Year 3, Month 12, Day 10: Have You Met Miss Jones?

The Virginian-Pilot has a good op-ed, titled, “Struggling to care about climate change”:

The world, with the exception of Europe, has done almost nothing to arrest global warming. Despite a treaty or two and decades of hand-wringing, the pull of prosperity has been simply too strong, especially in Asia and the Americas.

U.S. politicians have done a shameful nothing, too many pretending that settled science remains in doubt, too many grubbing money from coal and oil and electricity companies, which have it to give.

In the meantime, the Obama administration – as others have before – talks a better game than it delivers on climate change, arguing that meager progress amounts to moving mountains. It is no more persuasive from this White House than it was from its predecessors.

The problem grows worse. Developing nations are burning coal because it’s cheap and wood because it’s handy, so greenhouse gases continue to flow. With emerging nations eager for energy-hungry technologies, and wanting to replace bicycles and transit with cars – who can blame them? – the continued progress of planetary warming is no great surprise.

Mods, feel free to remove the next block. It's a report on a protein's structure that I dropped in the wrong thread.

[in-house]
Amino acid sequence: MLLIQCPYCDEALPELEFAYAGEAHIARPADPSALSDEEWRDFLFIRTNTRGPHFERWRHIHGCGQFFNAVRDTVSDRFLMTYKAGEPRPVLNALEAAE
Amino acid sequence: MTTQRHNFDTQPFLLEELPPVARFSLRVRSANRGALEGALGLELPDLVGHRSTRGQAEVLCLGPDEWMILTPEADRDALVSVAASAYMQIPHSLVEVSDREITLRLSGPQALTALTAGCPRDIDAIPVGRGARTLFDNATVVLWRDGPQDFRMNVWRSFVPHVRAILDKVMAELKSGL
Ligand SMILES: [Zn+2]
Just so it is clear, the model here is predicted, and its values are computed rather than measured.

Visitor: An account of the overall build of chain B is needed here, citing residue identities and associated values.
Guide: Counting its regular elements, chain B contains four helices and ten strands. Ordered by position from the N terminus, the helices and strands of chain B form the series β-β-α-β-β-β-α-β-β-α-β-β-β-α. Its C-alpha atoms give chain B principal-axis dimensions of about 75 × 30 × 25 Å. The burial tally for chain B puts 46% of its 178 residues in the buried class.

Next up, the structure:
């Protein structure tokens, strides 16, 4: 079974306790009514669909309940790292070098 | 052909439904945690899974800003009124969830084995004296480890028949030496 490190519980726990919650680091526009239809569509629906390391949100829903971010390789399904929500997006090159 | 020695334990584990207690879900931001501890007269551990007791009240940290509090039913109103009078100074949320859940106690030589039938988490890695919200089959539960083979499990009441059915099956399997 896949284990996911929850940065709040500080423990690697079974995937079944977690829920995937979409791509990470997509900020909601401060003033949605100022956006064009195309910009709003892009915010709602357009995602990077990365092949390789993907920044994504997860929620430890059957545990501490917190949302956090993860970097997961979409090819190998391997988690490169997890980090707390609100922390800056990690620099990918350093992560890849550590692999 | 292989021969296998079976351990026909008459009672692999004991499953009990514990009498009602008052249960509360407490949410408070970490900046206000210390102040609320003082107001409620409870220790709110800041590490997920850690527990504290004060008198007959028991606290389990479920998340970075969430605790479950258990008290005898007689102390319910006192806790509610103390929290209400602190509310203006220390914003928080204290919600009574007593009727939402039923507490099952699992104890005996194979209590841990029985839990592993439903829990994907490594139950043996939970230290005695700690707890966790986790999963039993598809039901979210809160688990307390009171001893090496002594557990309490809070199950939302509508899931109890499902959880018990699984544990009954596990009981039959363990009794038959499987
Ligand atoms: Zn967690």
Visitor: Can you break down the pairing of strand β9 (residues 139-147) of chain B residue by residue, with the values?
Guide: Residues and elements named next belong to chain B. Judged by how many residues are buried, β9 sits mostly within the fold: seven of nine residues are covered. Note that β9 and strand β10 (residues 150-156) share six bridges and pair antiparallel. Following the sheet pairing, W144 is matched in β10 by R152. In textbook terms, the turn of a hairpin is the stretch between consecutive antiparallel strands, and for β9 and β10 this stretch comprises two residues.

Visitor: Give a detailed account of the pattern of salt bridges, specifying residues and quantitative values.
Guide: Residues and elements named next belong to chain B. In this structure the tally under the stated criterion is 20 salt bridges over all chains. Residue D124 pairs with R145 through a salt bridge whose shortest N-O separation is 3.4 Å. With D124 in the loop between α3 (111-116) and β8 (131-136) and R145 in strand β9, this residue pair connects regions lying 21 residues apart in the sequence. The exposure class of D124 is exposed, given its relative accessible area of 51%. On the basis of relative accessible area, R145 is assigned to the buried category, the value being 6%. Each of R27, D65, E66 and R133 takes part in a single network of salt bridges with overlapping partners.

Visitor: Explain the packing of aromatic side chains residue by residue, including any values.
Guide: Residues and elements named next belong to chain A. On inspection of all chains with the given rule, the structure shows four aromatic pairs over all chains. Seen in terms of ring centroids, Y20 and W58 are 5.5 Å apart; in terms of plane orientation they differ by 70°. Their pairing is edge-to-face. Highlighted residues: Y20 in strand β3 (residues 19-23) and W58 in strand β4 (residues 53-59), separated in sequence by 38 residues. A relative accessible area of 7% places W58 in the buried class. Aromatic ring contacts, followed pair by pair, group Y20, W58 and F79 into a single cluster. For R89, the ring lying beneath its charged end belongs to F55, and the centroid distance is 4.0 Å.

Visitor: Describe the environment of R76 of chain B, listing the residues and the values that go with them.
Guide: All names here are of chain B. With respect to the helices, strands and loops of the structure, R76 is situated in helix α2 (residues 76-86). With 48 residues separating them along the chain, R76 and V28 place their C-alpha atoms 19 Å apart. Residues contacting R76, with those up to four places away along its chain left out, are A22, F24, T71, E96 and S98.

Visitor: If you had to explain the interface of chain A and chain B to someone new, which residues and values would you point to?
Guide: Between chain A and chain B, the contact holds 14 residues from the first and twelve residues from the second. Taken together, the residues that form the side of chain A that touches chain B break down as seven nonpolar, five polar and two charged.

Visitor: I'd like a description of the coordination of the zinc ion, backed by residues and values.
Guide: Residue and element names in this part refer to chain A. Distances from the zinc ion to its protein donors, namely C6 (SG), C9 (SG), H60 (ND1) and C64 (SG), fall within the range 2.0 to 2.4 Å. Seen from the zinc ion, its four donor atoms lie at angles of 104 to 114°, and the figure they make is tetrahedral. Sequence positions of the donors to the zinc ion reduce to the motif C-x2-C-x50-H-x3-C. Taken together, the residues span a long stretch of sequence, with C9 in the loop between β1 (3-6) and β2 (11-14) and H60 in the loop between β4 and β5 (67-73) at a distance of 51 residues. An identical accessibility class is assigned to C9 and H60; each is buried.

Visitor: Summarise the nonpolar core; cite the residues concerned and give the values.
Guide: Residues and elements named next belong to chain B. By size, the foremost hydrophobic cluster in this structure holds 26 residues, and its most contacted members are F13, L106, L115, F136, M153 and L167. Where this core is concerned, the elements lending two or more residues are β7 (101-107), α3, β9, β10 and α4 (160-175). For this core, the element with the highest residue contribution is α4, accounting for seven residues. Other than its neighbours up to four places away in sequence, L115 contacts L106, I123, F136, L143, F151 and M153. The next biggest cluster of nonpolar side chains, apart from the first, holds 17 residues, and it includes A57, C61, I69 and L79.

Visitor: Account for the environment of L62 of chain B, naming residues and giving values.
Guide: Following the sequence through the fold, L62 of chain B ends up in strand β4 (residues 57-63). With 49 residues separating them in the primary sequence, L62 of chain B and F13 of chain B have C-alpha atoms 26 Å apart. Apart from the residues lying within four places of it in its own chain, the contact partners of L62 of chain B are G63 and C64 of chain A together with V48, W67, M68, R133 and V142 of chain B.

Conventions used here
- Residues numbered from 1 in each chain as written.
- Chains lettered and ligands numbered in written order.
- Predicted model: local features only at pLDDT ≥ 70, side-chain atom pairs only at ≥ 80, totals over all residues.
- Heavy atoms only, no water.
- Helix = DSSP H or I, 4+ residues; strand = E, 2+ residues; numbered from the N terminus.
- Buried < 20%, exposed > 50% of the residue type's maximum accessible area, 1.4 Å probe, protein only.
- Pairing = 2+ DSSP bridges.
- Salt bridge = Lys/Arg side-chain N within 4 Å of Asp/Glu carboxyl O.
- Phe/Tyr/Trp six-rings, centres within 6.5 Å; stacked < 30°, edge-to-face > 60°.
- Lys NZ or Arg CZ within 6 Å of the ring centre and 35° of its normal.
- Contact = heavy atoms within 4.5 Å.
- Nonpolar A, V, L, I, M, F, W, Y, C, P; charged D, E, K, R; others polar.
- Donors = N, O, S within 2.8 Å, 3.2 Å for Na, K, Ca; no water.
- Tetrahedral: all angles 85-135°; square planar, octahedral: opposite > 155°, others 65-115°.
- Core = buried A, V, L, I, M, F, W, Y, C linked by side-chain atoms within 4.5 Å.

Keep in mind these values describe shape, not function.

Still, surprises come.

According to a new study released at the largely ignored United Nations climate change talks in Qatar, the world’s seas are rising faster than projections. Temperatures are climbing, too.

All fine and good, but that phrase in the first paragraph sets my teeth on edge. Sent December 4:

Advocates for action on global warming need to avoid the misleading economic perspective setting “prosperity” and the environment at odds with one another. Americans’ reluctance to move forward with sensible policies on climate change is not just because we’re addicted to oil; it’s also because we’re addicted to shopping.

If we are to face the threats posed by the metastasizing greenhouse effect, we must transform our relationship to the things we buy, and to our notion of economic well-being. Ultimately, Earth’s resources are the foundation of all wealth; without air to breathe, water to drink, and food to eat, the gaudiest baubles of our consumer economy offer no solace. If the economy is the metabolism of our civilization, then the “prosperity” of unbridled consumerism is the equivalent of a junk-food diet — fast and habit-forming, but unhealthy and wasteful. Genuine prosperity, by contrast, is like a home-grown, home-cooked meal, eaten slowly with friends.

I know what I like. How about you?

Warren Senders

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